ChBE Seminar Series: Challenge of Quantification of Aerosol Optical Properties

Wednesday, September 18, 2019
9:00 a.m.-10:30 a.m.
2108 Chem/Nuc Building
Akua Asu-Awuku

Speaker: Chris ZangmeisterMaterials Measurement Lab, NIST

Title: The Challenge of Quantification of Aerosol Optical Properties in the Terrestrial Atmosphere


The scattering and absorption of light by suspended nanoparticles (aerosol) affects the energy balance of the Earth’s atmosphere. High uncertainty exists in the magnitude of heat trapped, but it is currently estimated that the most absorbing class of atmospheric aerosol, black carbon, exceeds that trapped by methane. Quantifying the extent of heating is highly challenging due to variability in the chemical, physical, spatial, temporal and lifetime of aerosols; all of which can affect the quantification of the optical properties (absorption and scattering). 

This talk will focus on NIST’s role in the development of instrumentation and methods (i.e. metrology) used to quantify aerosol optical properties. We apply these methods to well-characterized aerosol under controlled conditions to better understand the parameters that influence these properties. Finally, the development of aerosolizable nanomaterials that can be used to calibrate aerosol instrumentation, harmonize measurements, and standardize methods across multiple laboratories will be presented.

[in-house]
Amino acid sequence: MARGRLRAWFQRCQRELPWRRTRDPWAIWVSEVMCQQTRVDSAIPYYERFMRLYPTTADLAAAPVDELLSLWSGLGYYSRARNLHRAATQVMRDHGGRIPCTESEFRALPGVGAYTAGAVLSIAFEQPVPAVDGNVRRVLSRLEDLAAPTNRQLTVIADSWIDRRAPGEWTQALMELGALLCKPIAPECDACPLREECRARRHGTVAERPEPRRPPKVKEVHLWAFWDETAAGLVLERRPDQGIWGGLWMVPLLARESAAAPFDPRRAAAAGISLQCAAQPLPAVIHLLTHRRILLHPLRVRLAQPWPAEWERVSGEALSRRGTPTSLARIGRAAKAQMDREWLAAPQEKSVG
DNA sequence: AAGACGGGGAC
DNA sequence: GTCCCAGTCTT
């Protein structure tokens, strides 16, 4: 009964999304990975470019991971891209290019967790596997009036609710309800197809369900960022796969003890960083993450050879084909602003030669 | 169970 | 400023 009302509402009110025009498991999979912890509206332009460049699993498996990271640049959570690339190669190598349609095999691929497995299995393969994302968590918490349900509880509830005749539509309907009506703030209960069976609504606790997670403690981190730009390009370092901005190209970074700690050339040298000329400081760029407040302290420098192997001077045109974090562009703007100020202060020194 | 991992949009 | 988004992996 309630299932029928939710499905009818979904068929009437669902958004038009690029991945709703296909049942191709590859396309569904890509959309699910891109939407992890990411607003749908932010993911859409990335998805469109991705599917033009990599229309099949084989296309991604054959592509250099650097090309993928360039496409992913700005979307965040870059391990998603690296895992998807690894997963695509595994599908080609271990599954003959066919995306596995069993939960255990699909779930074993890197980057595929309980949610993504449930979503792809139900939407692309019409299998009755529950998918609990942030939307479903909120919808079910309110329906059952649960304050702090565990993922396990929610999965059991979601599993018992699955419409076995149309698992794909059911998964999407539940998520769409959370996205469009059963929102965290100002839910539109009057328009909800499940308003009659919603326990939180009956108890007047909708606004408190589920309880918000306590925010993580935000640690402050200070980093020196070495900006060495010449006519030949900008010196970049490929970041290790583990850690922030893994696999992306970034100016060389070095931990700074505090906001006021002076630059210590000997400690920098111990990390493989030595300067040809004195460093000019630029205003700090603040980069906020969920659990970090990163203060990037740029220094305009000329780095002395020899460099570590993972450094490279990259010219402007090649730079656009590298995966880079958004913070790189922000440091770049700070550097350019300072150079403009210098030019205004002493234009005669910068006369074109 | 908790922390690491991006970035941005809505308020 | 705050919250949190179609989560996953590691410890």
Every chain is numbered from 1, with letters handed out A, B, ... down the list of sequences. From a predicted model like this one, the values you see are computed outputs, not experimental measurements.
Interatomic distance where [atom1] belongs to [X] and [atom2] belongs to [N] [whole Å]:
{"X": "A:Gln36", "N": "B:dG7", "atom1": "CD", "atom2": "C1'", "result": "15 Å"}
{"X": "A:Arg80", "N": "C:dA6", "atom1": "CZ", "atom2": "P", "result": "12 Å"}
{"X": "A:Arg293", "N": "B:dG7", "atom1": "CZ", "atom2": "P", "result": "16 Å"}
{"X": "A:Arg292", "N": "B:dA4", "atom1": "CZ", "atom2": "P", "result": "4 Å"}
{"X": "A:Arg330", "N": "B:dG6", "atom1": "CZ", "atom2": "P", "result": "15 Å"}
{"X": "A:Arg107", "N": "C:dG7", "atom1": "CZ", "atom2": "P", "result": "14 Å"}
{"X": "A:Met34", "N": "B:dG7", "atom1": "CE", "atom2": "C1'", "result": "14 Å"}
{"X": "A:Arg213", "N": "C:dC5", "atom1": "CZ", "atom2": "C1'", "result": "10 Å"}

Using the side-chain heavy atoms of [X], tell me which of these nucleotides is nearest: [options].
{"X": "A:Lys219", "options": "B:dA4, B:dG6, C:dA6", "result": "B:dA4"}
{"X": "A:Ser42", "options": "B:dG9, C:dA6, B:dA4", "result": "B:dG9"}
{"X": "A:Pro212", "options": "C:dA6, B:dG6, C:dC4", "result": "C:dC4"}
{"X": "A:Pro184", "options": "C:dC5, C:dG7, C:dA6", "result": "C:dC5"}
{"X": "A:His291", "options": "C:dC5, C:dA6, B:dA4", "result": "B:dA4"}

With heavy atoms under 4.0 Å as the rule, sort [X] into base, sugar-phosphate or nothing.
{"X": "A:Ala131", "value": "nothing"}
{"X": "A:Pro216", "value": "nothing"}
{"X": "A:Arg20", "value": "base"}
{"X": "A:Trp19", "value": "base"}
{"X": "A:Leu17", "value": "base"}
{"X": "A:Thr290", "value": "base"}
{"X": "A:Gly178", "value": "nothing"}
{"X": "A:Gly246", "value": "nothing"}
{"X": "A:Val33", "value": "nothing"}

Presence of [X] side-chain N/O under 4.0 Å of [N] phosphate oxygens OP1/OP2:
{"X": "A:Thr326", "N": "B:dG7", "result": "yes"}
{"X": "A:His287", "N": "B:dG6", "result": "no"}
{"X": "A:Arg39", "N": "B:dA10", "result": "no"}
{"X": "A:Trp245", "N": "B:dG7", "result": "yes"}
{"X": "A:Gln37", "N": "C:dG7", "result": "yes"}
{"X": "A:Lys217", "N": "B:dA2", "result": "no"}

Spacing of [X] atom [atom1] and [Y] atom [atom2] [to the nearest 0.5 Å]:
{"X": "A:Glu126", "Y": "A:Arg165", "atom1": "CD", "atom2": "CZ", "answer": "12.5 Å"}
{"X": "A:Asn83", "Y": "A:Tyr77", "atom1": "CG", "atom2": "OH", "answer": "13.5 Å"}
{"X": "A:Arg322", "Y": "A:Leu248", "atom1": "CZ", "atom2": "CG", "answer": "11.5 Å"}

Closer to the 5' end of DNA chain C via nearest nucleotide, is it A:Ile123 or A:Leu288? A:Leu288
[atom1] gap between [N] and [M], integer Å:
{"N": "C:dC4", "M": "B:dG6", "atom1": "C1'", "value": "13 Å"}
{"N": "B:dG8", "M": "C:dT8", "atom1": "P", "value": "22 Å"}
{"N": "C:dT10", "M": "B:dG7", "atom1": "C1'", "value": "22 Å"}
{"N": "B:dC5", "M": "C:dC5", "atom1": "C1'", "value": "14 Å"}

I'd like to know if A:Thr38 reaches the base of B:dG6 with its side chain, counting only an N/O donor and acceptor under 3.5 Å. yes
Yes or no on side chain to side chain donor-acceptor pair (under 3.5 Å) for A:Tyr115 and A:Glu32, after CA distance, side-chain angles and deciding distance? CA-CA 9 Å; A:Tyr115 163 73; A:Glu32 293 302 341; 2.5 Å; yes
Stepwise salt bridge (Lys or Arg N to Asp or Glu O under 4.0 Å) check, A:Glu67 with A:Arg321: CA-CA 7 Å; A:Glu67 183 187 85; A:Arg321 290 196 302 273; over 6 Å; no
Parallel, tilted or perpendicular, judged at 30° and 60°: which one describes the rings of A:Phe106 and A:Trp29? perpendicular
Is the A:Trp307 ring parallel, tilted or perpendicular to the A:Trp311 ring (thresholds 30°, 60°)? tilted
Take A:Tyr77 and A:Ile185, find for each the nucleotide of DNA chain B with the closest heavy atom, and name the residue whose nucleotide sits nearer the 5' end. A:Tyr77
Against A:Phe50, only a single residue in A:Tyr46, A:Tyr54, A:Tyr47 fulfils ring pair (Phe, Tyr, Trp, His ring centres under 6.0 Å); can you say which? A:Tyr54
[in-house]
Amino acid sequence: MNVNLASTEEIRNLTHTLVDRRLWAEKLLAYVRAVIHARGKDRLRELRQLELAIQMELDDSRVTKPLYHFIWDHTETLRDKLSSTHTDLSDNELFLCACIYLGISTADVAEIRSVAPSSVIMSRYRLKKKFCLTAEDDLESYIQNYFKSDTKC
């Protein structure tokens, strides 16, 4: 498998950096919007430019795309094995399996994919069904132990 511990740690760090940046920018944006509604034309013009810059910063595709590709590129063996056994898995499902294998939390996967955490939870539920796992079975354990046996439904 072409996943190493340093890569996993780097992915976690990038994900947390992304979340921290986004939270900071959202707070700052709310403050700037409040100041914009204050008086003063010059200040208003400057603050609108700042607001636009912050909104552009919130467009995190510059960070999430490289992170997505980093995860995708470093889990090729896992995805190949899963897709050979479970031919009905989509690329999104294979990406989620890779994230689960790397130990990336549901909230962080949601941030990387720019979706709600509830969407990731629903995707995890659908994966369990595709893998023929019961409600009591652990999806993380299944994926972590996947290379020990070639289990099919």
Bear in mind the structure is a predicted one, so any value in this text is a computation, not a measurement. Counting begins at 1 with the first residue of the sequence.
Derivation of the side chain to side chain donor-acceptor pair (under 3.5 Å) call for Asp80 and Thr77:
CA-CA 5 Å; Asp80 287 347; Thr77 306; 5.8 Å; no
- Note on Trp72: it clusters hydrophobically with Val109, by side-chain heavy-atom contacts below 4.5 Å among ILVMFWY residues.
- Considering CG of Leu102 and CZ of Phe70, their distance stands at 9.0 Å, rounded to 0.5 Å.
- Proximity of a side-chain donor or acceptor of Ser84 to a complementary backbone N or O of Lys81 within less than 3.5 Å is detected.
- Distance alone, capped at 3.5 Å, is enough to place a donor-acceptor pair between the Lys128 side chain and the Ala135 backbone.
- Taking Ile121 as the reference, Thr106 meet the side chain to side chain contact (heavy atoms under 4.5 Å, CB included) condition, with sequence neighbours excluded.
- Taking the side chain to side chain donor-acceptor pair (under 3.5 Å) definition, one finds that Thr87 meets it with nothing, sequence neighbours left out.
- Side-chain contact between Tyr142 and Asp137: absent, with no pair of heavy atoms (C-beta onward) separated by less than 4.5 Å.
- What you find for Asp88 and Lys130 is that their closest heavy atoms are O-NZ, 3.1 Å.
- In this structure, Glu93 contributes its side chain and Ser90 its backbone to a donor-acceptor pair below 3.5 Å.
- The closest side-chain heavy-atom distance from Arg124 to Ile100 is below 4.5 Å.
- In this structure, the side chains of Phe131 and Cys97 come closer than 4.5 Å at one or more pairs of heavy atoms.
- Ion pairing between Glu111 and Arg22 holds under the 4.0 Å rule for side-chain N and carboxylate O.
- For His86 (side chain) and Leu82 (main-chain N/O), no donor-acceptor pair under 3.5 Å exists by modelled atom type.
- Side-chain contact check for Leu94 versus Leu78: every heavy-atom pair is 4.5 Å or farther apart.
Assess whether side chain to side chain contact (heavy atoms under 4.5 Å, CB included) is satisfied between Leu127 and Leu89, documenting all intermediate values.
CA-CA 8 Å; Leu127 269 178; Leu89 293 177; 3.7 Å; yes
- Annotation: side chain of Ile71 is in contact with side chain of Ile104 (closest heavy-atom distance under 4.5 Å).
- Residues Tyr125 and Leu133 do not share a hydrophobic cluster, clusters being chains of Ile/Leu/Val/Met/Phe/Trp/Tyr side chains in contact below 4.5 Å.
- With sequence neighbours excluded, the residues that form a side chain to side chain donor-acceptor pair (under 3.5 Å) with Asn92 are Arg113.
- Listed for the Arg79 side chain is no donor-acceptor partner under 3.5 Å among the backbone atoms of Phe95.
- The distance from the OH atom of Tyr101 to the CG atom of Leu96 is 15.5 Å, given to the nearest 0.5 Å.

Chris Zangmeister received his B.S in chemistry from Humboldt State University in 1996. He received his Ph.D. in physical chemistry at the University of Arizona (Jeanne E. Pemberton advisor) in 2001 where he studied surface chemistry of atmospherically relevant surfaces. He joined NIST as a National Research Council Postdoctoral Fellow working on the electronic structure of single molecule films used in the storage and transfer of charge across interfaces. In 2011 he became the program leader for aerosol measurements in the Materials Measurement Laboratory at NIST. Since that time, he has worked on methods to classify aerosolized nanoparticles, quantify their optical properties and ways to harmonize methods within the aerosol community.

Audience: Campus 

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